This weekend, the United States Bishops encourage the celebration of Respect Life Sunday, which is meant to bring awareness and renewed vigor to a whole host of pro-life issues in the world: abortion, euthanasia, assisted suicide, genocide, contraception, reproductive technologies, and more.
The Bishops, various Catholic media outlets, and pro-life organizations within the United States rightly suggest that Catholics should enter the public discourse to promote individuals, groups, and policies that uphold the sanctity of human life. But what is one to do when voting for anti-abortion candidates isn’t enough? What if Roe v. Wade is never overturned? Should Catholics look around, shrug their shoulders, and congratulate themselves for a good effort?
This Respect Life Sunday, here are 5 suggestions to promote and protect life at its earliest stages. These are not public policy positions, but actionable items that take place within the most basic units of society: our families and our immediate communities.
1. Consider announcing a pregnancy as soon as possible
According to 2012 CDC statistics, more than 90% of abortions take place before 13 weeks of gestation. It is difficult to promote a culture that respects life from the moment of conception if couples, extended families, workplaces, and societies consider the first trimester of pregnancy to be a medical condition a woman should hide. Instead, share and celebrate the creation of a new life as soon as possible!
2. Don’t be quiet about miscarriage
Many couples choose not to announce their pregnancies until 13 weeks gestation or more because the risk of miscarriage greatly decreases. If Catholics believe that life begins at conception, then a miscarriage is a loss of a life and that life can be acknowledged. If miscarriage happens within your own family, contact a the church or a funeral home about the different options for prayer and rituals on the occasion of miscarriage or stillbirth. If you know someone who experiences a miscarriage, acknowledge it. Often, families are dealing with grief that most of society doesn’t acknowledge. Say something as simple as “I’m so sorry.” Take a meal. Offer a mass. Consider anything that you would use to show sympathy if the person had lost a relative that had been alive for many years.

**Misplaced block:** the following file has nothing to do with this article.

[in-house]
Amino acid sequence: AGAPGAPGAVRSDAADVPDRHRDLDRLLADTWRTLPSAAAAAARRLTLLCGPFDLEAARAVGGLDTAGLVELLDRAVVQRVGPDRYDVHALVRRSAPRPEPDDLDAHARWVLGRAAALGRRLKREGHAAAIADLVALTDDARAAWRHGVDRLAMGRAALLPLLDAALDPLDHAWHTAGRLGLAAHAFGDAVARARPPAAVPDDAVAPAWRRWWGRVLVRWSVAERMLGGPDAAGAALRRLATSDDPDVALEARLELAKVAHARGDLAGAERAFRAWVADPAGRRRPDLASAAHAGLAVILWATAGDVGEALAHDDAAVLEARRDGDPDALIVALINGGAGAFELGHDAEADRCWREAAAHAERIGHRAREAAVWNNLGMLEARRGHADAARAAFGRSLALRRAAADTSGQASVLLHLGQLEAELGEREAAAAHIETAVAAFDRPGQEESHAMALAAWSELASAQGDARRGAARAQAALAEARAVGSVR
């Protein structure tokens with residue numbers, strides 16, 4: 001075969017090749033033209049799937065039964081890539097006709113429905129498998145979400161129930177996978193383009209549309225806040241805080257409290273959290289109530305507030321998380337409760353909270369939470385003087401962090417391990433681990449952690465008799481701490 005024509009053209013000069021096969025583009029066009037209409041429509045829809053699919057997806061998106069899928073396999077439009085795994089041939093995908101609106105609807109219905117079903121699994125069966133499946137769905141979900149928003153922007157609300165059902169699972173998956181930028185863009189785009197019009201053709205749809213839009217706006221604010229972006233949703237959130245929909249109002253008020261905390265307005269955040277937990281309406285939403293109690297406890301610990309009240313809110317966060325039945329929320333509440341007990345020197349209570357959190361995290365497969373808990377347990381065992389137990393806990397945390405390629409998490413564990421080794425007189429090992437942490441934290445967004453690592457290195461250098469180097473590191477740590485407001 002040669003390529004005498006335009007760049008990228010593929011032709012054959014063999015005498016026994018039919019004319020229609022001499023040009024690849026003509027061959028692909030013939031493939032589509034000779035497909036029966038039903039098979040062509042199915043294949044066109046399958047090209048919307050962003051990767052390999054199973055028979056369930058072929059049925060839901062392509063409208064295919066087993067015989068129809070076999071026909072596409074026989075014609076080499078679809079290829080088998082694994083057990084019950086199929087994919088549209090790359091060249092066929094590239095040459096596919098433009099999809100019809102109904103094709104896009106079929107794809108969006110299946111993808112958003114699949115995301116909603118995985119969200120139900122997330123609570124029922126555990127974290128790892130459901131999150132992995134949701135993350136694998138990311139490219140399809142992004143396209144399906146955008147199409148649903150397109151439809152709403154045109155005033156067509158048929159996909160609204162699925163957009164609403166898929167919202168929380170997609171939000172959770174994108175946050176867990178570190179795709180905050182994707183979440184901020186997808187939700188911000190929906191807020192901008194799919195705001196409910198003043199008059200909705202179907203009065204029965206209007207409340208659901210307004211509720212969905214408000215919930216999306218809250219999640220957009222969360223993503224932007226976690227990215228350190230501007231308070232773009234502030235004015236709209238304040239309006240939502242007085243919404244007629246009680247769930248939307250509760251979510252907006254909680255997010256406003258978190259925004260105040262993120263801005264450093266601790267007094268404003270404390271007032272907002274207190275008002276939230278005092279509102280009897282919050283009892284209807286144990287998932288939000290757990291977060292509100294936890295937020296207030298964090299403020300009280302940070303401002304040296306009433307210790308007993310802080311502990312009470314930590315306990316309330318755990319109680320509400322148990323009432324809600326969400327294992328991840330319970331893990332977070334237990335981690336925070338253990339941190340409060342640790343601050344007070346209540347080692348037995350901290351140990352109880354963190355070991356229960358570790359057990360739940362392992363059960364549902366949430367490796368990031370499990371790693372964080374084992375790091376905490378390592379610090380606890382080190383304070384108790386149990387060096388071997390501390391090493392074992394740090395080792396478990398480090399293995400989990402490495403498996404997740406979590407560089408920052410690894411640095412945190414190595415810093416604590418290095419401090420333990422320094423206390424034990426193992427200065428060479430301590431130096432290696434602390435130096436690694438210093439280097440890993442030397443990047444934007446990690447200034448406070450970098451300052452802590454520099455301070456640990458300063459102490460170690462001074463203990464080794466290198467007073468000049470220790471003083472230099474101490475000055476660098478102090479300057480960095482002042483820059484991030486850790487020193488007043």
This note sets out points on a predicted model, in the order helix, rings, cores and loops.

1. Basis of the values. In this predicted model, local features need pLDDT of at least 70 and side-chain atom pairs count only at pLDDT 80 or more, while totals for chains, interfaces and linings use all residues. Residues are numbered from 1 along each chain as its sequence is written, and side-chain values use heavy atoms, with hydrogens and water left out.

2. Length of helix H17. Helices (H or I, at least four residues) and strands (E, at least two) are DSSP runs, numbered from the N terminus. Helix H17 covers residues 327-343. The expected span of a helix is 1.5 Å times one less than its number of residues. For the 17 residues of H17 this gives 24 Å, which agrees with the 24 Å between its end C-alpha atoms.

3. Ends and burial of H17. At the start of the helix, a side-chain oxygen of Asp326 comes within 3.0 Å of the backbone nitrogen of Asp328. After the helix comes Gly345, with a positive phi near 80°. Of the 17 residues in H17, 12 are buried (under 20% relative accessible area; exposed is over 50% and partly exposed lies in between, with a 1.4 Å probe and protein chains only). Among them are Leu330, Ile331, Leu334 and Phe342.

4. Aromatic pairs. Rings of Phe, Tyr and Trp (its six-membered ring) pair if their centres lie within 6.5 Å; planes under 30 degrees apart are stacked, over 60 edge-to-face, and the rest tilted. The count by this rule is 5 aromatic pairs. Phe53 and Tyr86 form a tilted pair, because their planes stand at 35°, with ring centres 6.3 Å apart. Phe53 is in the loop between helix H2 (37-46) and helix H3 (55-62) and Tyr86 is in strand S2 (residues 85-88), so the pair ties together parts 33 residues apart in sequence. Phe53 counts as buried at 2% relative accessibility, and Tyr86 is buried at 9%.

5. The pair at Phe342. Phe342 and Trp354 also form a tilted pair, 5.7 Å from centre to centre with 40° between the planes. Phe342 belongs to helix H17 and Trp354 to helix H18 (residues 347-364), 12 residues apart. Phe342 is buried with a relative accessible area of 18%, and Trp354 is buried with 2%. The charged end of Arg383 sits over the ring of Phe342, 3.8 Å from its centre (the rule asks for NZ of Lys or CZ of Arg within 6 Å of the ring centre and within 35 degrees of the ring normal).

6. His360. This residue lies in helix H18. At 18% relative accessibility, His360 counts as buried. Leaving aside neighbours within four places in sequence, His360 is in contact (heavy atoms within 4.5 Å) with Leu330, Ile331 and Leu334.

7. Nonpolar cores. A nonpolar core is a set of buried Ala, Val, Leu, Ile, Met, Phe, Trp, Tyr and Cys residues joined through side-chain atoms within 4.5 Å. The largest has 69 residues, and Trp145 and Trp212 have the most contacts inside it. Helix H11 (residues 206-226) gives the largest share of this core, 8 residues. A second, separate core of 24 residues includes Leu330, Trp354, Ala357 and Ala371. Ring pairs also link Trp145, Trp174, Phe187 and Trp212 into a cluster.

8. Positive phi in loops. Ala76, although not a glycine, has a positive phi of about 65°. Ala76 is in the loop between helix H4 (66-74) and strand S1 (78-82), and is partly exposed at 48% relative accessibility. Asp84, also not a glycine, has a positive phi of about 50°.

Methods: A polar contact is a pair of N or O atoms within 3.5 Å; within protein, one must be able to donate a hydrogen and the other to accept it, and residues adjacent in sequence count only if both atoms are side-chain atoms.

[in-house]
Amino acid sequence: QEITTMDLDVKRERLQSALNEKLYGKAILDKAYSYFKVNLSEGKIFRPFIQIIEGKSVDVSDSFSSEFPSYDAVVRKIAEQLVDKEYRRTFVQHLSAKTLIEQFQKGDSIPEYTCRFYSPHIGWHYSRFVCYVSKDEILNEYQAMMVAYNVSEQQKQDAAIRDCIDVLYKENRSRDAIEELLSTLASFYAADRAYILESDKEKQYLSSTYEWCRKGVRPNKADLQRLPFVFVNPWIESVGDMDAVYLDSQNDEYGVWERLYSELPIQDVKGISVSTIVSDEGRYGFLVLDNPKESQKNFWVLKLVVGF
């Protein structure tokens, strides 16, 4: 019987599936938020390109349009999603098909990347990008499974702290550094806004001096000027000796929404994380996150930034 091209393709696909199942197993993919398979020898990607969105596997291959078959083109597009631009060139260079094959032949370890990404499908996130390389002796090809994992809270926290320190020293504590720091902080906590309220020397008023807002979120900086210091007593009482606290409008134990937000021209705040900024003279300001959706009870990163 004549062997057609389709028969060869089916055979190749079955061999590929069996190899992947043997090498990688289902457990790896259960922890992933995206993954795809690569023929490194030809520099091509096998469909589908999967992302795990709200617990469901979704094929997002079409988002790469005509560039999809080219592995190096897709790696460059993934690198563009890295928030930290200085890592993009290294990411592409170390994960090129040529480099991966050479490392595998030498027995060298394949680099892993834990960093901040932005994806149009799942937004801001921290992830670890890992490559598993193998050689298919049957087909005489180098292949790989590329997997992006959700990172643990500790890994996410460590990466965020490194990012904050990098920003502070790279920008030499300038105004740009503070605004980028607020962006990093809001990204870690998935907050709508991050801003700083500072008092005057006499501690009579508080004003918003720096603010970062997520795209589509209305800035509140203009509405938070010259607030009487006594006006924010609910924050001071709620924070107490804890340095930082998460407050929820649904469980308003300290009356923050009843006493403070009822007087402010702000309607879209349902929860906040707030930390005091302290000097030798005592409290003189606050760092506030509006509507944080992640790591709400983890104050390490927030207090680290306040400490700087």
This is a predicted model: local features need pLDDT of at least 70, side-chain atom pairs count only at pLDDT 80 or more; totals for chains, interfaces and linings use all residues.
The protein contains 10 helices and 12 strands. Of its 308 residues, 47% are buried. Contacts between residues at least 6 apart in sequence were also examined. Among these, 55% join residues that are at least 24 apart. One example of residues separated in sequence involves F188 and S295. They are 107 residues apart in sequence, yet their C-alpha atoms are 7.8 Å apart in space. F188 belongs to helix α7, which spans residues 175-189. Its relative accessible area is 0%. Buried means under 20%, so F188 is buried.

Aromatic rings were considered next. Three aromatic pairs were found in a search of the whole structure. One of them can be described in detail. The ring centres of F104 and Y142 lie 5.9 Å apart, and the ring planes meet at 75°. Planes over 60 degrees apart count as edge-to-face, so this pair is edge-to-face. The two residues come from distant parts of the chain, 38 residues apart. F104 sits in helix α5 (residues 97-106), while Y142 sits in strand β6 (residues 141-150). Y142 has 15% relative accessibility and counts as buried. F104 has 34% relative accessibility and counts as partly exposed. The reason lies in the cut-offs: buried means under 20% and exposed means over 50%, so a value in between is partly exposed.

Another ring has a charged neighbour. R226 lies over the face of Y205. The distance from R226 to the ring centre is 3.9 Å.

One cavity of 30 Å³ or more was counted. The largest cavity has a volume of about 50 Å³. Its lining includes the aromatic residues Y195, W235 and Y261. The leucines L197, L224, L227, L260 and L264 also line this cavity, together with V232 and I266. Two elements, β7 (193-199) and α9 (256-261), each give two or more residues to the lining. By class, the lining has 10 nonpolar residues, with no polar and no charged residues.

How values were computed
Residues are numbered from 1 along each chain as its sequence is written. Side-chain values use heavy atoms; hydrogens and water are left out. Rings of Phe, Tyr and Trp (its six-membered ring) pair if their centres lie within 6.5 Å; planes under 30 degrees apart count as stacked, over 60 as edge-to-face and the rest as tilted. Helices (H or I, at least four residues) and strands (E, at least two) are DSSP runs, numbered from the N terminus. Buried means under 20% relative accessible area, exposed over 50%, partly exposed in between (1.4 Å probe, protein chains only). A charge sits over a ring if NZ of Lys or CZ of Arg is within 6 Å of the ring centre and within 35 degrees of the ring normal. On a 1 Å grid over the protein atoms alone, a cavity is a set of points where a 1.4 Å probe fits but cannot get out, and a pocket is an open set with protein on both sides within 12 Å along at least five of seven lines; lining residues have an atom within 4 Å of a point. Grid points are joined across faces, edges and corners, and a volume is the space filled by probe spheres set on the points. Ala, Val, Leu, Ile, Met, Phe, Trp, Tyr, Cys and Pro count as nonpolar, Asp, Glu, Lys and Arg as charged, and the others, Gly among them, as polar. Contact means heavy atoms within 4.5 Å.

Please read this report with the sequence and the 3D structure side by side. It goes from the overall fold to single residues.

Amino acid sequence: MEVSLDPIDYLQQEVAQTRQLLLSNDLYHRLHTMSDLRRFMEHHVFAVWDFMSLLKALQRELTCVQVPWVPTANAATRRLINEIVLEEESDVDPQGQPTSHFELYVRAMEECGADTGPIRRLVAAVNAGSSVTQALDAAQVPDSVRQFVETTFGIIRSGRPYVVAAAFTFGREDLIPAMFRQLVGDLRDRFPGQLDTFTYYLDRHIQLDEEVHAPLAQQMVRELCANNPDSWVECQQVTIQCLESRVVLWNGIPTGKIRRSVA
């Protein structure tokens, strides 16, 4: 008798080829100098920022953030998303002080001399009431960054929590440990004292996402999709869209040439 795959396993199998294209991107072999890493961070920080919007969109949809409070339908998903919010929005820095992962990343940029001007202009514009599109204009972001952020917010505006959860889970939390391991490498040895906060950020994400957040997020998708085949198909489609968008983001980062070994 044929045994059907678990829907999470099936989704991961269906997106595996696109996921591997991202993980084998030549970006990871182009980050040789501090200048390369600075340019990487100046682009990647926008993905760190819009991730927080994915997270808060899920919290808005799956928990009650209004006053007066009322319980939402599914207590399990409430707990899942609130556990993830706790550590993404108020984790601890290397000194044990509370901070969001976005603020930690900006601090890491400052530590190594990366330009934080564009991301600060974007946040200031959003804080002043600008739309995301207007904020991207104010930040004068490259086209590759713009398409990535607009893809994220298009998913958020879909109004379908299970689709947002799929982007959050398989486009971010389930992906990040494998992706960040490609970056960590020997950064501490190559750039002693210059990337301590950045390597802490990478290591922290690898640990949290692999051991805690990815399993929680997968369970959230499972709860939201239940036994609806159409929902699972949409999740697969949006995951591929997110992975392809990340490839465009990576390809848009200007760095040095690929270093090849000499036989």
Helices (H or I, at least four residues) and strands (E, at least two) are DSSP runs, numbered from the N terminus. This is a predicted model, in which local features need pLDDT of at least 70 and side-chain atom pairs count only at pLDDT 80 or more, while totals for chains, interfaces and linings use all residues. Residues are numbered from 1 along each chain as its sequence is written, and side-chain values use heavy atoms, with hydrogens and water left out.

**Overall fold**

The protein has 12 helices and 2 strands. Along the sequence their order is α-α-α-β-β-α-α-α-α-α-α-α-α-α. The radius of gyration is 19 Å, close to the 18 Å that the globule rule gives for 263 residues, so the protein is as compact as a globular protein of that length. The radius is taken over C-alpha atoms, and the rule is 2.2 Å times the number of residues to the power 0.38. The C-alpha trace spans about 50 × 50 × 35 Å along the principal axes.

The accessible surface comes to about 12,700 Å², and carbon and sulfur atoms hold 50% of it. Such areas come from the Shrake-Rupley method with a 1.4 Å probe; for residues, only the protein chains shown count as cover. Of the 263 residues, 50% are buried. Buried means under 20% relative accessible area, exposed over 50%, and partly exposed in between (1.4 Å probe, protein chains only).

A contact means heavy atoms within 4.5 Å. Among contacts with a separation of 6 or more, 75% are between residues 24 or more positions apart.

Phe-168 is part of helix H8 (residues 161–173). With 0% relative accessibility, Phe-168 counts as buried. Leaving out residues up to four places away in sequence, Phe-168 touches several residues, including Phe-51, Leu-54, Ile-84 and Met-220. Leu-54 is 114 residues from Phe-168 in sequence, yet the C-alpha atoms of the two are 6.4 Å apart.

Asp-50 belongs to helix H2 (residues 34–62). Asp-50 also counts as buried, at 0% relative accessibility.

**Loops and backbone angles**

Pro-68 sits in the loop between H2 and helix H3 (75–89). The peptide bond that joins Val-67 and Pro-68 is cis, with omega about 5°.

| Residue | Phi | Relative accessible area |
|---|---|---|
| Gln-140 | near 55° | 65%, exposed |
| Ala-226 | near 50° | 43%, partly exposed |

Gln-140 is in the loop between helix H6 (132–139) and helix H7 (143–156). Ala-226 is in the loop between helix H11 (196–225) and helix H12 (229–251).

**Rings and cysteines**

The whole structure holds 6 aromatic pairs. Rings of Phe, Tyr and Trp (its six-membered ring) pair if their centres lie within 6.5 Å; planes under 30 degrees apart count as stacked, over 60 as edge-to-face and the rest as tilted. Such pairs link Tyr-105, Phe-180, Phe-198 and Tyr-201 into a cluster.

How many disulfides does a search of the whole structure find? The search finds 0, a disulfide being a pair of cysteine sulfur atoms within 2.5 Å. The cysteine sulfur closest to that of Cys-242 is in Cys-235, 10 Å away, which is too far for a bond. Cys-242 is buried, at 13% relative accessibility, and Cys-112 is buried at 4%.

3. When an unmarried woman says she’s pregnant, do anything and everything you can to support her.
Congratulate her, and mean it. Be excited that a life has been created. Bring her gifts for the baby. Buy diapers. Let her live with you. Let her know you love her, no matter what. Statistically, the woman most likely to seek an abortion is a white, single, Catholic woman in her 20s who lives on less than 200% of the federal poverty line and already has at least one child.
4. Offer free babysitting, help with chores, or do any other job that can help a mother feel less overwhelmed.
Almost 60% of women who have abortions have already had at least one previous birth, and the three most common reasons given for seeking an abortion are 1) the child would interfere with the mother’s education, employment, or ability to care for other dependents 2) the woman cannot afford to have a baby and 3) that she is/would be a single mother or is having relationship problems. Help a woman to feel secure in her ability to provide for her family and not overwhelmed by her responsibilities.
5. At appropriate times, show children pictures of babies in the womb
When there is a pregnancy in the family or when it’s time for “the talk”, consider showing children pictures of developing children. Knowing and seeing that the beginnings of a mouth, eyes, and nose are present in a 5-week old embryo can shift a perspective that otherwise might consider it “just a cluster of cells.
To be clear, abortion is not the only pro-life issue the catholic church stands for. For more ways to be pro-life across the entire spectrum of living, see this great list of 100 by Meg Hunter-Kilmer.
St. Helen Parish
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